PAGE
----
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I happen to like the armchair Waymarking aspect, but the search function is prohibitive. When I try and search, all I ever get is that "no waymarks within 10 miles" message EVEN if I know there is a waymark well within the 10 mile limit. For an Arizonan, 10 miles is nothing. We often travel well beyond 30 miles just for one cache. We often travel that distance just for lunch.

 

Armchair Waymarking, where I read the waymark descriptions but dont log a visit, is fun to do when the weather is 115° and I just dont feel like going out in the heat. (I often do armchair geocaching that way. Did you know one of the coolest caches is in the Andes Mtns? Boats, made of reeds, with unique depictions of mythical animals.)

 

Thanks for the plug on Carefree Highway, my waymark!

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I personally dont care for the McDonalds category, but I did see one cool waymark in there. Set in NYC, this McDonalds has a grand piano in it. I was quite impressed by that McDonalds.

 

Ive been considering logging one here in my area. The oldest existing McDonalds in Phoenix. Sadly the previous oldest McDonalds is torn down. It was the first McD's EVER to have the golden arches.

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1. Fizzy actually has a cache at a McDonalds. In the parking lot. :unsure: -- not that that means anything or anything...

Oh the irony.

 

Anyway, Jeremy, please, here's what I want.

 

1. Apparently I can search based on an origin, like my house, and I've done that. I would like to be able to filter out a.) waymarks I've 'found', and b.) waymarks I 'own', ie, have placed. This give me a "nearest list". I would also like a few more preset distances, like 10, 20, 30. I would also like the last distance applied saved in my cookie and re-used, thus if I'm looking at a 40 mile distance I would like my default distance to stay at 40 until I change it.

There is no question the waymark search functionality needs some additional work. There are definitely planned enhancements that you should be seeing within the next couple of months.

 

2. If I set a location filter to my house, it trims the category filter to only show categories that are within some distance of my house. I would like that filter to also apply when i actually click on one of the categories. That makes sense. The way it works now (showing you everything in the category, unfiltered) doesn't.

If I am not mistaken, this functionality is already in place. You need to click the search button on the right after you enter the category though in order to see the waymarks. Agreed that it's a little confusing because you still see the most recent waymarks despite the category being filtered.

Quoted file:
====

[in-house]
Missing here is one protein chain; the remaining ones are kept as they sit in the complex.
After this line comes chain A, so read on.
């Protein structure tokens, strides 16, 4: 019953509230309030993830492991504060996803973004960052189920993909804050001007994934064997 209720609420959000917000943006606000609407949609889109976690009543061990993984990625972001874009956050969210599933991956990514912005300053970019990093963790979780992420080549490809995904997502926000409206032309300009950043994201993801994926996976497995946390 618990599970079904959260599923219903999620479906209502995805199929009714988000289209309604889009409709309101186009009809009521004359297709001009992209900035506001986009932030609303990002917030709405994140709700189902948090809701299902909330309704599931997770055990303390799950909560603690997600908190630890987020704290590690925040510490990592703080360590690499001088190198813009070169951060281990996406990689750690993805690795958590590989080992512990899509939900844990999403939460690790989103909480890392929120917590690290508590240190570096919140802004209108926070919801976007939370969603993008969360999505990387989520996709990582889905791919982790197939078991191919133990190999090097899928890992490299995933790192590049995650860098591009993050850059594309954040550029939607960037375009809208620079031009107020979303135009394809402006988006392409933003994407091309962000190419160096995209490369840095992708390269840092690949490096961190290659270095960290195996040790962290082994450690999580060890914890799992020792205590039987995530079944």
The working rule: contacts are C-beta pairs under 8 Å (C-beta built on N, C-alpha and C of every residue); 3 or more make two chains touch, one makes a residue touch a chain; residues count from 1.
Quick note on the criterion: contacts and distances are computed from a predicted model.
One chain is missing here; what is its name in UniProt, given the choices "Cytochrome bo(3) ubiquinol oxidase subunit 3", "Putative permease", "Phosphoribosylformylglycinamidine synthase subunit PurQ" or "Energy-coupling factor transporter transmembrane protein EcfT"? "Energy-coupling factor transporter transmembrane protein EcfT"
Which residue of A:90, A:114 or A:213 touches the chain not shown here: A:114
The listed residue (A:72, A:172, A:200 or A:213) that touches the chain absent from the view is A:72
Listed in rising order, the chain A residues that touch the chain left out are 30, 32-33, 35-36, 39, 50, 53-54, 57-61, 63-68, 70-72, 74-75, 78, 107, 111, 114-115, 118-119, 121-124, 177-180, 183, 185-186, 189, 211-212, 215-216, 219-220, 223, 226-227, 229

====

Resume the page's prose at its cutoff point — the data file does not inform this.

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If I am not mistaken, this functionality is already in place. You need to click the search button on the right after you enter the category though in order to see the waymarks. Agreed that it's a little confusing because you still see the most recent waymarks despite the category being filtered.

 

Yes, I know you *can* do that, but it's... dumb. If I put a location (ne, category) filter into effect, and I only see categories that have waymarks that fall within a set distance of the location, then why would I expect to see all the *other* waymarks in one of the given categories when I click on it?

 

And, if I get a list of say, 12 categories that have waymarks within the distance, using the current (dumb, sorry) functionality, every time i click on one of the categories I then have to click on search to, effectively, re-establish the distance filter I turned on in the first place. Try it yourself. It just doesn't work the way you want it to, at least not the way *I* want it to, and that's what's important, right? :laughing:

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Yes, I know you *can* do that, but it's... dumb.

 

In the current design where there aren't a lot of waymarks, it makes sense now just to show the most recent. Once we put google maps in place we'll show you the closest on a map near your location.

 

I can see where you could use the base location as a starting point and show the closest, and have a tab that shows the newest. It is a feature request on the list to be added in the future. However the Google maps are probably the best way, visually, to see the local waymarks in that category.